The embroidery craft of cross-stitch is inherently a low-resolution one. Putting an X of thread around a weave intersection of aida cloth creates a single pixel, and one by one you build up your grid of pixels, generally with a handful of threads giving you a limited color pallet. As such, it’s not surprising that some of the simpler designs on the books Peanuts Cross-Stitch look less like a Schulz drawing and more like a character from an Atari 2600 (or, for those of us around at the time, Atari VCS) game, jagged blobs of color that you can recognize the character.
The book opens with a two-page explanation of Peanuts and its history… although this is one of the cases where a few chosen panels with added captions might have carried the information more entertainingly than the carefully considered prose we got. Then there’s six pages on the hows and whys of cross-stitching. Then we get to the designs themselves. Each design is pictured twice: once with a picture of a finished cross-stitch, the other a diagram showing you what colors go where. The design’s section also includes a few paragraphs about what’s featured in the design… some with an accompanying strip, some with a strip grayed out to use as a background image rather than intending to be readable.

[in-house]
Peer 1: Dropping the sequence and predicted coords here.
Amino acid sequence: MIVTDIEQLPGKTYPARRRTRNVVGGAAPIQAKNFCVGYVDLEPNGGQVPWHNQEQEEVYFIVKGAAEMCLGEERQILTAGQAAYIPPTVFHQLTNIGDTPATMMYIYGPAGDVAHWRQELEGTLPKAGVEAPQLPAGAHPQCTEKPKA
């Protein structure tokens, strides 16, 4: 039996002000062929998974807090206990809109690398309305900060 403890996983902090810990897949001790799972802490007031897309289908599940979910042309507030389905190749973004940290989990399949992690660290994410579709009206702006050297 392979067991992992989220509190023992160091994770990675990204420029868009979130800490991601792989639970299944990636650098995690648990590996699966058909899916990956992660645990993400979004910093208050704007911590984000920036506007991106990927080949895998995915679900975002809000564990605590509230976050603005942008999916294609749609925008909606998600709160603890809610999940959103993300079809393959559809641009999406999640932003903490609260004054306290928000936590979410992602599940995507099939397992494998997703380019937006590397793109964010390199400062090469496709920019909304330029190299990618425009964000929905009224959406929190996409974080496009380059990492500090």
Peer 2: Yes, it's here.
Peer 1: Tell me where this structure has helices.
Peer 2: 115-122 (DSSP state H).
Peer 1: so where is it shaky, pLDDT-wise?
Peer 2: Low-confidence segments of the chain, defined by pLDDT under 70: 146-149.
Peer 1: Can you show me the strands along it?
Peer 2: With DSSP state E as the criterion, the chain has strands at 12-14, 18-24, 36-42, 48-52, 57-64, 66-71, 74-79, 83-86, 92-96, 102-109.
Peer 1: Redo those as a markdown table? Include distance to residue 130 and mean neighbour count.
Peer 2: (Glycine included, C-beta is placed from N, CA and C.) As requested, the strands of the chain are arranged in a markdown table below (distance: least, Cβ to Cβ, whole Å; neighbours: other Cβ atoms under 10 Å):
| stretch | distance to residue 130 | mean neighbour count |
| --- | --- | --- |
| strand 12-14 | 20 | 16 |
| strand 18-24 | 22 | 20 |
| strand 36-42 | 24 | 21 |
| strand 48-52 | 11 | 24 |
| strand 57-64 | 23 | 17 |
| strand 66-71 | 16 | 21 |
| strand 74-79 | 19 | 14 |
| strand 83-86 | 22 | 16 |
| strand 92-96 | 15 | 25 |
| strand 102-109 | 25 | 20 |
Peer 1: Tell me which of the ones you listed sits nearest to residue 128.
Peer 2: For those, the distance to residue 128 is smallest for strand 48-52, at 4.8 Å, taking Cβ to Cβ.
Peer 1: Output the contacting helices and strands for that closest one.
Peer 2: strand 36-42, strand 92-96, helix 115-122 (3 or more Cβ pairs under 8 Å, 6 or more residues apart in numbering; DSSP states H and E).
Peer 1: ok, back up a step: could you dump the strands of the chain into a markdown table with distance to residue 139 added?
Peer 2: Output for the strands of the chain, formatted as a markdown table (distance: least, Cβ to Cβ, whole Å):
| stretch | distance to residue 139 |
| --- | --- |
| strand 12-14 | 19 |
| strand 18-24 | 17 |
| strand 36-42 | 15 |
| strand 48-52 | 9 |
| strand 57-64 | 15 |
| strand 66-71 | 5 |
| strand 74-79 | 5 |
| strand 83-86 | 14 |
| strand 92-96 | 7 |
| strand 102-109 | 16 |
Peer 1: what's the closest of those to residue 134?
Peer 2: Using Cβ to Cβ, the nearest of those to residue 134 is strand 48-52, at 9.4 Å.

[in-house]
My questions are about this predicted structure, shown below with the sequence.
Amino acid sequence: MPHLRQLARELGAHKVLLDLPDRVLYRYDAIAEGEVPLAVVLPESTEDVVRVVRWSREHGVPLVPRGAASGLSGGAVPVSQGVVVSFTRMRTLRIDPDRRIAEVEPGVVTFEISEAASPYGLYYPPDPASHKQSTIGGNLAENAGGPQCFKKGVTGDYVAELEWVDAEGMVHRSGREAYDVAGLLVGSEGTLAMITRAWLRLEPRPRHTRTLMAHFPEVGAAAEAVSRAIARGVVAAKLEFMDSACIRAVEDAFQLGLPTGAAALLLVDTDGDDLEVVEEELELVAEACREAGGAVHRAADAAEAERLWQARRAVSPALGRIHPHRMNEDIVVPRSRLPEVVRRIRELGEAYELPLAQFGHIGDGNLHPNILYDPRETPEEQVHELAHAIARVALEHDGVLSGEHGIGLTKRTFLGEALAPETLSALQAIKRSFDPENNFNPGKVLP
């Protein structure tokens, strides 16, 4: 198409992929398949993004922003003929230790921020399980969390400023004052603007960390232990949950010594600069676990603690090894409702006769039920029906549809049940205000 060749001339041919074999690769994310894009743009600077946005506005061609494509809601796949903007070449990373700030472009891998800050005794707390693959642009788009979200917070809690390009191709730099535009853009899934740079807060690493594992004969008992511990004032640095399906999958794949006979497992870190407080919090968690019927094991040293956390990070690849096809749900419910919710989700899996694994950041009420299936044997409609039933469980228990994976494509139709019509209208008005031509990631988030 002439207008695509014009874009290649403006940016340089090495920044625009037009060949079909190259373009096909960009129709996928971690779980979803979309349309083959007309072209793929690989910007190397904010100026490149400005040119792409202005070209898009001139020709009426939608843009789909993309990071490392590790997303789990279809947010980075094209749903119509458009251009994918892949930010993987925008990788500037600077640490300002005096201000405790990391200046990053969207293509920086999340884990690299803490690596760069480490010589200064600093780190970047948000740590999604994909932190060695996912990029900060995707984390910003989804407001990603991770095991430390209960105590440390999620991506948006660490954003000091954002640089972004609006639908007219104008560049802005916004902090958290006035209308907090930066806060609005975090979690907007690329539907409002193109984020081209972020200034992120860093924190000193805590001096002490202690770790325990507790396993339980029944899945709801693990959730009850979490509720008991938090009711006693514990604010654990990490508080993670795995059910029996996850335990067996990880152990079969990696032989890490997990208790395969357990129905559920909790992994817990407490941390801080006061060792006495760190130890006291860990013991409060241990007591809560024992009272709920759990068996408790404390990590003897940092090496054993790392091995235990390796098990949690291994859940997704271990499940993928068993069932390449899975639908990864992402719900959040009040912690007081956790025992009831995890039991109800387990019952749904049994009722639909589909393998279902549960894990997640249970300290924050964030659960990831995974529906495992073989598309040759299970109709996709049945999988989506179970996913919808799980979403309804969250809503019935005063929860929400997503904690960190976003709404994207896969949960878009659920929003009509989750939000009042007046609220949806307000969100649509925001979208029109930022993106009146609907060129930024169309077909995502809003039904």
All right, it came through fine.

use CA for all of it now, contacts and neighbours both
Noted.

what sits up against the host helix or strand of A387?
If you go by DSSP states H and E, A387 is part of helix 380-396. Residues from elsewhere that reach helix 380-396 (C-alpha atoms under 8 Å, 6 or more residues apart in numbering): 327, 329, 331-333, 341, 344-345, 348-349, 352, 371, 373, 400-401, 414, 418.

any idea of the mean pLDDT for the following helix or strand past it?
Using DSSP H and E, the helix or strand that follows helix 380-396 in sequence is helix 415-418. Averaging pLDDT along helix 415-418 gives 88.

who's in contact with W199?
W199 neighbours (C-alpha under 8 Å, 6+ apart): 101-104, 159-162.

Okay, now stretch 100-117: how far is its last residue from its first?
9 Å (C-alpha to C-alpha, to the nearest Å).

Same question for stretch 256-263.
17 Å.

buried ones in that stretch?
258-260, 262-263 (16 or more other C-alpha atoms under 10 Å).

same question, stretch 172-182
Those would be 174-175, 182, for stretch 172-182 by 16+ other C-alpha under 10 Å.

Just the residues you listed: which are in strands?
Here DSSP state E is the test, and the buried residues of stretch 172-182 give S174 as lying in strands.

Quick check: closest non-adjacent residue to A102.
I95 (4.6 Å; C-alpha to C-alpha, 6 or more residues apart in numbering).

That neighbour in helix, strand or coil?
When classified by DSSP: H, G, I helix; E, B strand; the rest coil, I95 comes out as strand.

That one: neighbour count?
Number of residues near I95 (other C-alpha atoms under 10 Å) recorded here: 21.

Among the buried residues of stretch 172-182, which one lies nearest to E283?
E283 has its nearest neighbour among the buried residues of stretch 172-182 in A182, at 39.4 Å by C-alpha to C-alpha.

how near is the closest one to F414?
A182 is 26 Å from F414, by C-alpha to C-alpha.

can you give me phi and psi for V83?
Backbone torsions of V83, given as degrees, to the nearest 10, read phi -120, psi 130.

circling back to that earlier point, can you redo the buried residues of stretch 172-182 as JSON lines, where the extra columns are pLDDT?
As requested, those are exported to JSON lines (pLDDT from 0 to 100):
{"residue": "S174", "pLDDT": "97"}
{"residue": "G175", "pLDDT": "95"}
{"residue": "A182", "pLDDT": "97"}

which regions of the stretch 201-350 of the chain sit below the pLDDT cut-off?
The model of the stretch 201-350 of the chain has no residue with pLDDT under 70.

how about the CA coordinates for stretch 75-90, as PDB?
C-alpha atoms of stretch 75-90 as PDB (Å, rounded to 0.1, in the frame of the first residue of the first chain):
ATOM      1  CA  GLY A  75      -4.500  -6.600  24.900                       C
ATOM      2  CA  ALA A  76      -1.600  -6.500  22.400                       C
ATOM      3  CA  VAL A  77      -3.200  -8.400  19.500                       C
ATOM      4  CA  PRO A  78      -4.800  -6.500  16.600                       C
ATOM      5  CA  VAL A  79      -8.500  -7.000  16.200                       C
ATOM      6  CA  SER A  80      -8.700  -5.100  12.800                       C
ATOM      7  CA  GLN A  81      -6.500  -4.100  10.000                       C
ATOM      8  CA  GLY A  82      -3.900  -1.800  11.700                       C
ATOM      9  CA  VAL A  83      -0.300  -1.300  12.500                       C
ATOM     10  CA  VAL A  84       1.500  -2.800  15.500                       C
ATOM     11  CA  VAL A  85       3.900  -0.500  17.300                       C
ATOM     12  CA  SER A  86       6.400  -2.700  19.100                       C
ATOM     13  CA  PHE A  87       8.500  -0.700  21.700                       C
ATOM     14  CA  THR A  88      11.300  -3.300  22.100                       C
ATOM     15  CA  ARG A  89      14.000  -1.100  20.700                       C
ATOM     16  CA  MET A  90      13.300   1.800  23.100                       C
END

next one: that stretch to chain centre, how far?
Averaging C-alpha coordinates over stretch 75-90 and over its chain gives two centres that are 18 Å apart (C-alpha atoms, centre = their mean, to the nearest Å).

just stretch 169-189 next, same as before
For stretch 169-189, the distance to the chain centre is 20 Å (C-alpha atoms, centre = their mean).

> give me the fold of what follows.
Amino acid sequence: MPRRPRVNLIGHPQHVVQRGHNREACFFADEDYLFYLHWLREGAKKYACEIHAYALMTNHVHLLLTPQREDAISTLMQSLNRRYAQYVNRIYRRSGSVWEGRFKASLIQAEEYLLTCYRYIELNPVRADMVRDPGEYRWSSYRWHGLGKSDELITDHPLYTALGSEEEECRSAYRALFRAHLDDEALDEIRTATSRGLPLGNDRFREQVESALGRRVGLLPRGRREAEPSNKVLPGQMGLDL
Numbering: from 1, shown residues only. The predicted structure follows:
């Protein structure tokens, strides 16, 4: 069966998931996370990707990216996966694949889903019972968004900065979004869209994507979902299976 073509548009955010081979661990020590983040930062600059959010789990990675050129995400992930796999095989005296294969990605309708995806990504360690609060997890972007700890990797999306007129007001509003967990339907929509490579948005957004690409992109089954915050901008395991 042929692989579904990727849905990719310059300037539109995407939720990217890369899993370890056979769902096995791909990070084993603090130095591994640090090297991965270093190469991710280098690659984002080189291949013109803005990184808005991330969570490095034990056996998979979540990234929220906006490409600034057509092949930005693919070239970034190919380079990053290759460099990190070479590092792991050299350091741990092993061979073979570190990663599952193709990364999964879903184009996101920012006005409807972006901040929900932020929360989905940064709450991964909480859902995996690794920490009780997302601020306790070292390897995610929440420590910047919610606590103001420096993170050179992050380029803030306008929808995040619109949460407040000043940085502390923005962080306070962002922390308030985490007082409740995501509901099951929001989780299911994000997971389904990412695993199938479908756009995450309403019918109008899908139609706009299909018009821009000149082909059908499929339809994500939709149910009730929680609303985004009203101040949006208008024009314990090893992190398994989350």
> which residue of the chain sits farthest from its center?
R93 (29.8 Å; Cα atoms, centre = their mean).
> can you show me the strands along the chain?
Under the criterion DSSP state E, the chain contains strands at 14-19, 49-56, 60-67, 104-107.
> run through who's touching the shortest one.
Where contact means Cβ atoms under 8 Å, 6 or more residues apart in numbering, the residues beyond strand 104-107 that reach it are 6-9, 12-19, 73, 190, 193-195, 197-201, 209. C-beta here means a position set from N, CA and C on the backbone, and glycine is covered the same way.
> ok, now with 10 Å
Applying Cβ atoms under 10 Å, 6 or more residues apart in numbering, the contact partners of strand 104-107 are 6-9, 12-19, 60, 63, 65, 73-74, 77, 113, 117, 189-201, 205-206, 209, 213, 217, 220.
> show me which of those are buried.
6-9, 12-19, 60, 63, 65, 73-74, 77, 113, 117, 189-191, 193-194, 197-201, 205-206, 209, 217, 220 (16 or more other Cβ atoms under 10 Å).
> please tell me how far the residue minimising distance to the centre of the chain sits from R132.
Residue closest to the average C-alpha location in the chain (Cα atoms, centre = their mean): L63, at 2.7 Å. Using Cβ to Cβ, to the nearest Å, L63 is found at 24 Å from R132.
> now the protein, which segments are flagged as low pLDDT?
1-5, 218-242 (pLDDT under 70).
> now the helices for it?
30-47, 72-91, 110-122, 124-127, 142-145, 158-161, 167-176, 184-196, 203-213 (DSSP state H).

The cover promises “16 easy-to-follow patterns featuring Charlie Brown & Friends”, but five of the sixteen don’t have any characters on them at all, just words life “Good Grief” or a “Smak!” with some cartoon effects around it. Oh, okay, I guess the one where the words are “You’re a good man, Charlie Brown” does technically qualify as featuring Charlie Brown. I’m not saying there’s anything wrong with these cross-stitches, a “Happiness is a warm puppy” message is a perfectly reasonable cross-stitch in the grand cross-stitch tradition; I’m just being my usual overly-attentive self to the question of precision.
This isn’t a book that I’d recommend to someone who doesn’t to cross-stitch… and what little needlework I’ve done was so many decades ago that I’m in no place to judge it for people who do do it. But there is one thing I can tell you about this book: it exists!